such a film and a similarly depressing film from 1998 entitled 'A
Simple Plan' which suffered from the same fate and while recommending
that film, I like it less and less the more I think about it. I had to
debate for almost a week and finally gave 'Affliction' a marginal
recommendation for its stain of genuine emotional truth. 'Magnolia'
also makes the mistake of trying to bombard the screen with too much
over the top material that it loses track of its entertainment value.
The film is like being grabbed by an octopus and pulled in so many
directions that you're exhausted after finally escaping, the equivalent
of leaving the theatre for movie goers. Leaving 'Magnolia' is indeed an
escape rather than a departure. The film's glib symmetry will be
mistaken by some as high powered drama but it suffers from an ending
which goes against the first rule of screen writing. I call it the 'red
herring' factor. A final scene that is out of left field with no
warning given to the audience and is a ridiculous and cheap way to end
all it thinks its accomplished. The story is an ensemble piece that
shows the lives of about a dozen characters, some of whom aren't worth
mentioning because their scenes are so one dimensional. Senior to the
film is Jason Robards, a dying man named Earl Partridge who is trying
to contact his long lost son Frank (Tom Cruise) who has changed his
last name to Mackey and wants nothing to do with the dying spirit of
his father after being contacted by Earl's home care worker (Philip
Seymour Hoffman). Frank Mackey is a kind of manipulative motivational
speaker. He tries to expand other men's horizons in the sexual universe
by telling them what sex really is and how to use it to get members of
the opposite gender to fall immediately for them. His seminars come
complete with a spotlight, head set microphone and flashy wardrobe.
Some good work here by Cruise, but I hope the members of the Academy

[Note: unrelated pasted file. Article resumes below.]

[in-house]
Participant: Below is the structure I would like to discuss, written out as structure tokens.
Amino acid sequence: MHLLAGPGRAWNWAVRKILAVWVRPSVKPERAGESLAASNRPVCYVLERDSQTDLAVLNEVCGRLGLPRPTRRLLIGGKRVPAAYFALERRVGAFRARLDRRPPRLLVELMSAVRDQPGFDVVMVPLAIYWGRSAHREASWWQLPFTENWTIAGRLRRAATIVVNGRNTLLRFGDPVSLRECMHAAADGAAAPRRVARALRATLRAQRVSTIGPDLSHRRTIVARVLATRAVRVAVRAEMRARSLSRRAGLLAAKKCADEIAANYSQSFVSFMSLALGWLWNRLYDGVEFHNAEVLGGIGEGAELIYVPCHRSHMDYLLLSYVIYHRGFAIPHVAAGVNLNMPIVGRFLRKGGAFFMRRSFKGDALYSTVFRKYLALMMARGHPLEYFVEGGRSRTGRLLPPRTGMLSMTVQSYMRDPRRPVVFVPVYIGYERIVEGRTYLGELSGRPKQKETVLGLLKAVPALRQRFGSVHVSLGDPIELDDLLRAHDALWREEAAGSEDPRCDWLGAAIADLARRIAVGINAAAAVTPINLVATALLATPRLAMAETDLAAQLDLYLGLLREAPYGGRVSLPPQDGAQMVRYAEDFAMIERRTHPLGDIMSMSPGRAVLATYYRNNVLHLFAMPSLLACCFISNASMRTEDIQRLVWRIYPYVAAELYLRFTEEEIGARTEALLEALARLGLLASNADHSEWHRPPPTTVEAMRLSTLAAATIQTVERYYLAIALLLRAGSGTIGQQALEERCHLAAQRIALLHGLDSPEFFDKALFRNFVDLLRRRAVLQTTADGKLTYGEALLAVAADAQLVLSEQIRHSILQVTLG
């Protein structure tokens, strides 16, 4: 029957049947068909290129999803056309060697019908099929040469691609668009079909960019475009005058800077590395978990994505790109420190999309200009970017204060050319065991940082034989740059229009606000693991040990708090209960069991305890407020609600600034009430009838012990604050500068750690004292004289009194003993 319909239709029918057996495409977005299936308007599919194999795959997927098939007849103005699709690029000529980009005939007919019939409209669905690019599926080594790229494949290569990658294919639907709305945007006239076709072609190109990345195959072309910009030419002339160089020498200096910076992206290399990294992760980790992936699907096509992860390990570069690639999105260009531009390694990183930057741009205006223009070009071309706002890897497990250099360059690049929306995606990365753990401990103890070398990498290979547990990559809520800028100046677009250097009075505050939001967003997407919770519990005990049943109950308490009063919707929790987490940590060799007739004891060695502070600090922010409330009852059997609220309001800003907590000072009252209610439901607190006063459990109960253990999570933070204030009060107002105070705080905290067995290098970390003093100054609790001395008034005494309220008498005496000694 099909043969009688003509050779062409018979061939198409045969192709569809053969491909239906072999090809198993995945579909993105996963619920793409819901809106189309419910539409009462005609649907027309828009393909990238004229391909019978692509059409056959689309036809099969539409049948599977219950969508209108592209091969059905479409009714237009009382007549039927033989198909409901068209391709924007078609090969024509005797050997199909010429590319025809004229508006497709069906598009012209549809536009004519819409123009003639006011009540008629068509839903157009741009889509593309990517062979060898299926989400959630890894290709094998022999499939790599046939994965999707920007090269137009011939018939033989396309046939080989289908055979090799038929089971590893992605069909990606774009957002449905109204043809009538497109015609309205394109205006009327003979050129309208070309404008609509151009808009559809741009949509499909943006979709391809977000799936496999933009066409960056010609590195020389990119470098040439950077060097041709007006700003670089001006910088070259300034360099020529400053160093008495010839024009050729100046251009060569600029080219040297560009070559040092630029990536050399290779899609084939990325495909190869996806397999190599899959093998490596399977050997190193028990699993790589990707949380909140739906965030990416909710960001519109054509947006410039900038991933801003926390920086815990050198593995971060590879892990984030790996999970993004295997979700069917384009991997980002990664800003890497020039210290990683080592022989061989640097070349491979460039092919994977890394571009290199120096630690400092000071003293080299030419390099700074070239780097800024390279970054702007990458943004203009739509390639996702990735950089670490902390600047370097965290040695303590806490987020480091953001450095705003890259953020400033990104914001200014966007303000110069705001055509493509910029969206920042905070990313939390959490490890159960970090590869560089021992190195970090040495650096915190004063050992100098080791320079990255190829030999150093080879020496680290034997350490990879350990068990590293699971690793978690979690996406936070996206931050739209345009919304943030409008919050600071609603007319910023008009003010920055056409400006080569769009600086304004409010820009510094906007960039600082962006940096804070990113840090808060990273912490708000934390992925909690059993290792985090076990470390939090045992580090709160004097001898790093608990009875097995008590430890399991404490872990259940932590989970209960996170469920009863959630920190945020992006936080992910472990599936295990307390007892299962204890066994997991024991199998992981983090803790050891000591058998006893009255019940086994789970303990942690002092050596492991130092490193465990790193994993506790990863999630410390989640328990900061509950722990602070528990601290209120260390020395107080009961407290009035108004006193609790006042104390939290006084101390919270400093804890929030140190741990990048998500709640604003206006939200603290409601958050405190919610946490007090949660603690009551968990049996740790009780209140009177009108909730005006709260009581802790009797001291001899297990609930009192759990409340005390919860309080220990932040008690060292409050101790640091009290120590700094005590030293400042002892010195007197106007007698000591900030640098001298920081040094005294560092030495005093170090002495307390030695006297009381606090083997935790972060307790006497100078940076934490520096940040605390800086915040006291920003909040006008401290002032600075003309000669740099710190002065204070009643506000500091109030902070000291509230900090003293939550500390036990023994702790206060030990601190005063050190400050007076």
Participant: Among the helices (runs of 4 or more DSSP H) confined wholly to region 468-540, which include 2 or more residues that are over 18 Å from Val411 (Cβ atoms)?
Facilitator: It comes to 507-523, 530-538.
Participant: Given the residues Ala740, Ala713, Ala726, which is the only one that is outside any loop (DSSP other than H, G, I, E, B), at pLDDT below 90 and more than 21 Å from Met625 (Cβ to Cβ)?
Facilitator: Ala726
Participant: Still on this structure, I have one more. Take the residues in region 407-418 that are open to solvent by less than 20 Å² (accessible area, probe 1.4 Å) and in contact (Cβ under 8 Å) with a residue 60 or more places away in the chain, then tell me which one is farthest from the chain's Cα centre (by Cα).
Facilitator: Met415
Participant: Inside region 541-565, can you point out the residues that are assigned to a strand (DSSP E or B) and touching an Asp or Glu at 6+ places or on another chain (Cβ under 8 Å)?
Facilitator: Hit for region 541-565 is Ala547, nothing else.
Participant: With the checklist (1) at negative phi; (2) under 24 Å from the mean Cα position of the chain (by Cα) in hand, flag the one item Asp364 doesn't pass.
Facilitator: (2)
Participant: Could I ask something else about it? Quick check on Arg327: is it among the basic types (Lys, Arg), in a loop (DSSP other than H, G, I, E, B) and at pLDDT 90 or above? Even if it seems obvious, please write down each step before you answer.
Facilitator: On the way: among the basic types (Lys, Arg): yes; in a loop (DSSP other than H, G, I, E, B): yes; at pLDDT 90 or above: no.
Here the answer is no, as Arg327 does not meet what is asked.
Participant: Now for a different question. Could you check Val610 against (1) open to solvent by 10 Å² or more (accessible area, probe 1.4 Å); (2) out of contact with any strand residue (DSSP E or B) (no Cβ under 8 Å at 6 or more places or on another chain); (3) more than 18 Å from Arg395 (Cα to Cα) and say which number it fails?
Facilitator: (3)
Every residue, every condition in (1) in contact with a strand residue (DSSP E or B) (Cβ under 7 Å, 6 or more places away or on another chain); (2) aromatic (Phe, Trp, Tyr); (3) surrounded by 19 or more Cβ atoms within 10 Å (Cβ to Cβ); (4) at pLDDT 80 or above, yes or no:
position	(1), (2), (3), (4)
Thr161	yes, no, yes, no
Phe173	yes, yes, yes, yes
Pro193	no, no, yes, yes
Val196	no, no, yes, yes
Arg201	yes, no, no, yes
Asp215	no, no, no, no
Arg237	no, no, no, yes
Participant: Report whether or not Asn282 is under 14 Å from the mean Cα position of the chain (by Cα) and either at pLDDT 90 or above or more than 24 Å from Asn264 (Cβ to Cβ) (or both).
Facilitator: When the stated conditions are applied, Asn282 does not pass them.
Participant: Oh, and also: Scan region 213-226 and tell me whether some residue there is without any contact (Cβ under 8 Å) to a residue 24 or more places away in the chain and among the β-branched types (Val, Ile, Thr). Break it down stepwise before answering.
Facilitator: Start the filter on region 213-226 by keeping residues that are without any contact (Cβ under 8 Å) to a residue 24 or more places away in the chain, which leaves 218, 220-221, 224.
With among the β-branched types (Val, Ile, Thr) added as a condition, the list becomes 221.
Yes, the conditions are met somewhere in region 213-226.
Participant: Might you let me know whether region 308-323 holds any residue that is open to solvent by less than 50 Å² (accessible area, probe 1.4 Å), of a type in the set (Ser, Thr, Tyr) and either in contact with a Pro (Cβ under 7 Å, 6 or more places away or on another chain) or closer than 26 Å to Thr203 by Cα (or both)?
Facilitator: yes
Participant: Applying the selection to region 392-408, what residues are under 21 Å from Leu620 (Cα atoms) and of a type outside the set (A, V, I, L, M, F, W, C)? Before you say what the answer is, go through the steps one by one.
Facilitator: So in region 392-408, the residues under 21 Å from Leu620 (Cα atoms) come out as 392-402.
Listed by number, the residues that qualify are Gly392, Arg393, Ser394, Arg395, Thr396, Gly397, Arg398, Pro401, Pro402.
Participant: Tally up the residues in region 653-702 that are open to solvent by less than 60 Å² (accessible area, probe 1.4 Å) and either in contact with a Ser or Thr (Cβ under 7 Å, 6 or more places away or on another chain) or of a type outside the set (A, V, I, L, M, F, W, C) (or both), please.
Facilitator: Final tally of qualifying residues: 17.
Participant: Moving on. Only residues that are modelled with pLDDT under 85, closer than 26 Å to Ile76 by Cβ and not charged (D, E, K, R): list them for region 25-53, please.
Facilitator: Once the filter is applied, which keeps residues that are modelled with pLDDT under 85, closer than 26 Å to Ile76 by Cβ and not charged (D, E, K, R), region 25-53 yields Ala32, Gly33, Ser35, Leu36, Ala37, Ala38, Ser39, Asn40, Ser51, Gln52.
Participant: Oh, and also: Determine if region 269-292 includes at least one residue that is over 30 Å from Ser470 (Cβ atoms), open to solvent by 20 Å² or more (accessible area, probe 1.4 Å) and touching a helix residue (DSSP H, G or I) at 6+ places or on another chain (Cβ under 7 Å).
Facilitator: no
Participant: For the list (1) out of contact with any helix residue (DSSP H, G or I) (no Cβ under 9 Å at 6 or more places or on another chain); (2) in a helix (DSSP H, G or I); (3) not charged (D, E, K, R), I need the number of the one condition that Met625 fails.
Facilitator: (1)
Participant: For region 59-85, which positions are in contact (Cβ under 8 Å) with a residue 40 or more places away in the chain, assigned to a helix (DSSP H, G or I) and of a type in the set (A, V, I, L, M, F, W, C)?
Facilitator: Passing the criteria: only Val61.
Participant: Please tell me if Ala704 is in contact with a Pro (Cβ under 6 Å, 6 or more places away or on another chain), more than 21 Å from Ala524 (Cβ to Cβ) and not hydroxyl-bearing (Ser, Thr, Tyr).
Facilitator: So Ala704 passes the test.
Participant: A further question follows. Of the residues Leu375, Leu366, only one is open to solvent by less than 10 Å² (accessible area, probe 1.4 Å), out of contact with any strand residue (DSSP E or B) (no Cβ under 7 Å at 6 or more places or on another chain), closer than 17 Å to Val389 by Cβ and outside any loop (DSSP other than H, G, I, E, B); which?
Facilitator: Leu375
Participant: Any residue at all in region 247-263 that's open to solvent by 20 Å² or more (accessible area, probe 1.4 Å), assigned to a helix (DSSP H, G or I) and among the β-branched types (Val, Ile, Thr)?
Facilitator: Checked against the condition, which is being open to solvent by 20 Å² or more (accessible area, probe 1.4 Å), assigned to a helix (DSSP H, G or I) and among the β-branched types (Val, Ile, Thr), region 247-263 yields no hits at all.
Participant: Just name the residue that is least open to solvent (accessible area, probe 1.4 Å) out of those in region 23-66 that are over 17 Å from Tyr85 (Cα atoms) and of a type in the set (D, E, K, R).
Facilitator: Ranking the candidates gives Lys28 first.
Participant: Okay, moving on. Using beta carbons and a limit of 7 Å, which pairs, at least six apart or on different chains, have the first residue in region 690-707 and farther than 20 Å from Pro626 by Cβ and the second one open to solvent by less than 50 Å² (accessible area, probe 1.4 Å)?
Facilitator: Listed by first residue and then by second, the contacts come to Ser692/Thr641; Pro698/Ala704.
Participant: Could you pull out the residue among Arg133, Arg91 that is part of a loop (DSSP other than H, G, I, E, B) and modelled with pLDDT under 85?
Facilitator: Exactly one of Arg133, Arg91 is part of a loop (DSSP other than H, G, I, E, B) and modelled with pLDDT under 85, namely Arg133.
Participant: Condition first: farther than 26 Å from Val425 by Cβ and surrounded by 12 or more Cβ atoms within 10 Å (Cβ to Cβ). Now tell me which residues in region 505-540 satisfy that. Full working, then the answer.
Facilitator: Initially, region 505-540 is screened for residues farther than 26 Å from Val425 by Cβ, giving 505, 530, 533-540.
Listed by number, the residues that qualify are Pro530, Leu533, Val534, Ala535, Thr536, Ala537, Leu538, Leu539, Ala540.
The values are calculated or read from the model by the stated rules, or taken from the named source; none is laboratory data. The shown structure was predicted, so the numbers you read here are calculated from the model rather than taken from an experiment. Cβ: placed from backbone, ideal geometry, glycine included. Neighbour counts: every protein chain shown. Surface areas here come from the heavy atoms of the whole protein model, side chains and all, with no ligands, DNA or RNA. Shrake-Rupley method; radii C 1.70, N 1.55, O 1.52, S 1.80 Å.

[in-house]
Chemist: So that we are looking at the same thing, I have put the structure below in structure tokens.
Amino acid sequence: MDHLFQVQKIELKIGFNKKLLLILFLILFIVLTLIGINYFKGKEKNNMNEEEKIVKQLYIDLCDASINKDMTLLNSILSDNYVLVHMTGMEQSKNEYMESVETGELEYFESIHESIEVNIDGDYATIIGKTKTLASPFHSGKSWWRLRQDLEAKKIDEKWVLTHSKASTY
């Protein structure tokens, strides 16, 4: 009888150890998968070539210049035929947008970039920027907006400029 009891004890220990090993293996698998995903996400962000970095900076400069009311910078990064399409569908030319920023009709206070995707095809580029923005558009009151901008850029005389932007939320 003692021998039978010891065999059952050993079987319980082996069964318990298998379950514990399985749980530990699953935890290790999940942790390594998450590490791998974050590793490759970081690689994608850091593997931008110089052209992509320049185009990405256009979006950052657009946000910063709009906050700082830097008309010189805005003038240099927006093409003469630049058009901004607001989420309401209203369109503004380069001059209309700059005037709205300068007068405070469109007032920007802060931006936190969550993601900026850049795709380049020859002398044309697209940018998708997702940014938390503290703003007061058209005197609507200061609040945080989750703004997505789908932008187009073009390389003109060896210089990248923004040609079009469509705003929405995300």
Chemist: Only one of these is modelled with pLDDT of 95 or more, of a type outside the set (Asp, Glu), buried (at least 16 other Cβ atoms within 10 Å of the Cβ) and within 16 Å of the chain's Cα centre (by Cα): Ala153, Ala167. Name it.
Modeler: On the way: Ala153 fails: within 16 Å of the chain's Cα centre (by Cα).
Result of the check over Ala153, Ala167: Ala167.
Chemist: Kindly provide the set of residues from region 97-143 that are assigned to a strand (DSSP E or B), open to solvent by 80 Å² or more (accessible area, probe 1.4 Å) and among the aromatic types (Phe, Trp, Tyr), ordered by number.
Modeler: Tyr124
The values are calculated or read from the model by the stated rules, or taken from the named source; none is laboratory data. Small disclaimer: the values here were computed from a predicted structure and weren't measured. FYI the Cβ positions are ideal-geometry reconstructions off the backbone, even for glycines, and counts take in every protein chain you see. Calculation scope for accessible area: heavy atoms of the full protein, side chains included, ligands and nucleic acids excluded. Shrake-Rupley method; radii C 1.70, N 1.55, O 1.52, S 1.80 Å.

don't give him an Oscar for it. If they do, it will be in part, a
sympathy vote to compensate Cruise for the ridiculous amount of time he
spent making 'Eyes Wide Shut'. Sure, a great film in the end and one of
the best of 1999 but a film that could have been made in only a few
months. Earl Partridge is also filled with regret for marrying an
uncaring and unloving woman named Linda (Julianne Moore). A neurotic,
maniacal female who hates her step son Frank. Meet Jimmy Gator (Philip
Baker Hall). He is the host of a game show where a group of kids on one
side, take on a group of adults on the other and all the trappings of
the game show world are explored in such a manner as to leave the most
foul taste in your mouth after it's all over. Jimmy is dying and only
has a couple of months left to live and tries to make amends with his
wife (Melinda Dillon) and his drug addicted daughter (Melora Walters),
who is about to warm up to a police officer (John C. Reilly). Then
there is the most boring of the stories involving a former child genius
(William H. Macy) as a loser who works at a job he is too overqualified
for. Was William H. Macy trying to top himself by playing a loser
similar to the one he played in his Oscar nominated role in 'Fargo'.
You won't top that one, Billy! What is most shocking about 'Magnolia'
is how it uses its music score. The music literally goes on for so long
that it obliterates the senses and doesn't know when to quit. The
audience I saw it with was stone faced throughout its ridiculous
running time of three hours and gasps of shock and disbelief hit the
auditorium during the unlikely climax. What little there is to rave
about in some of the performances, notably Cruise and Reilly, is
drowned out by a protracted chemistry among its cast and is comparable
to having one of your teeth pulled without anesthetic and then needing
all of your teeth removed because your dentist fouled up. In other
words, the film sets off a chain reaction of dreariness you won't
recover from anytime soon and you won't even care about its characters
when it's all said and done. Visit FILM FOLLOW-UP by Walter Frith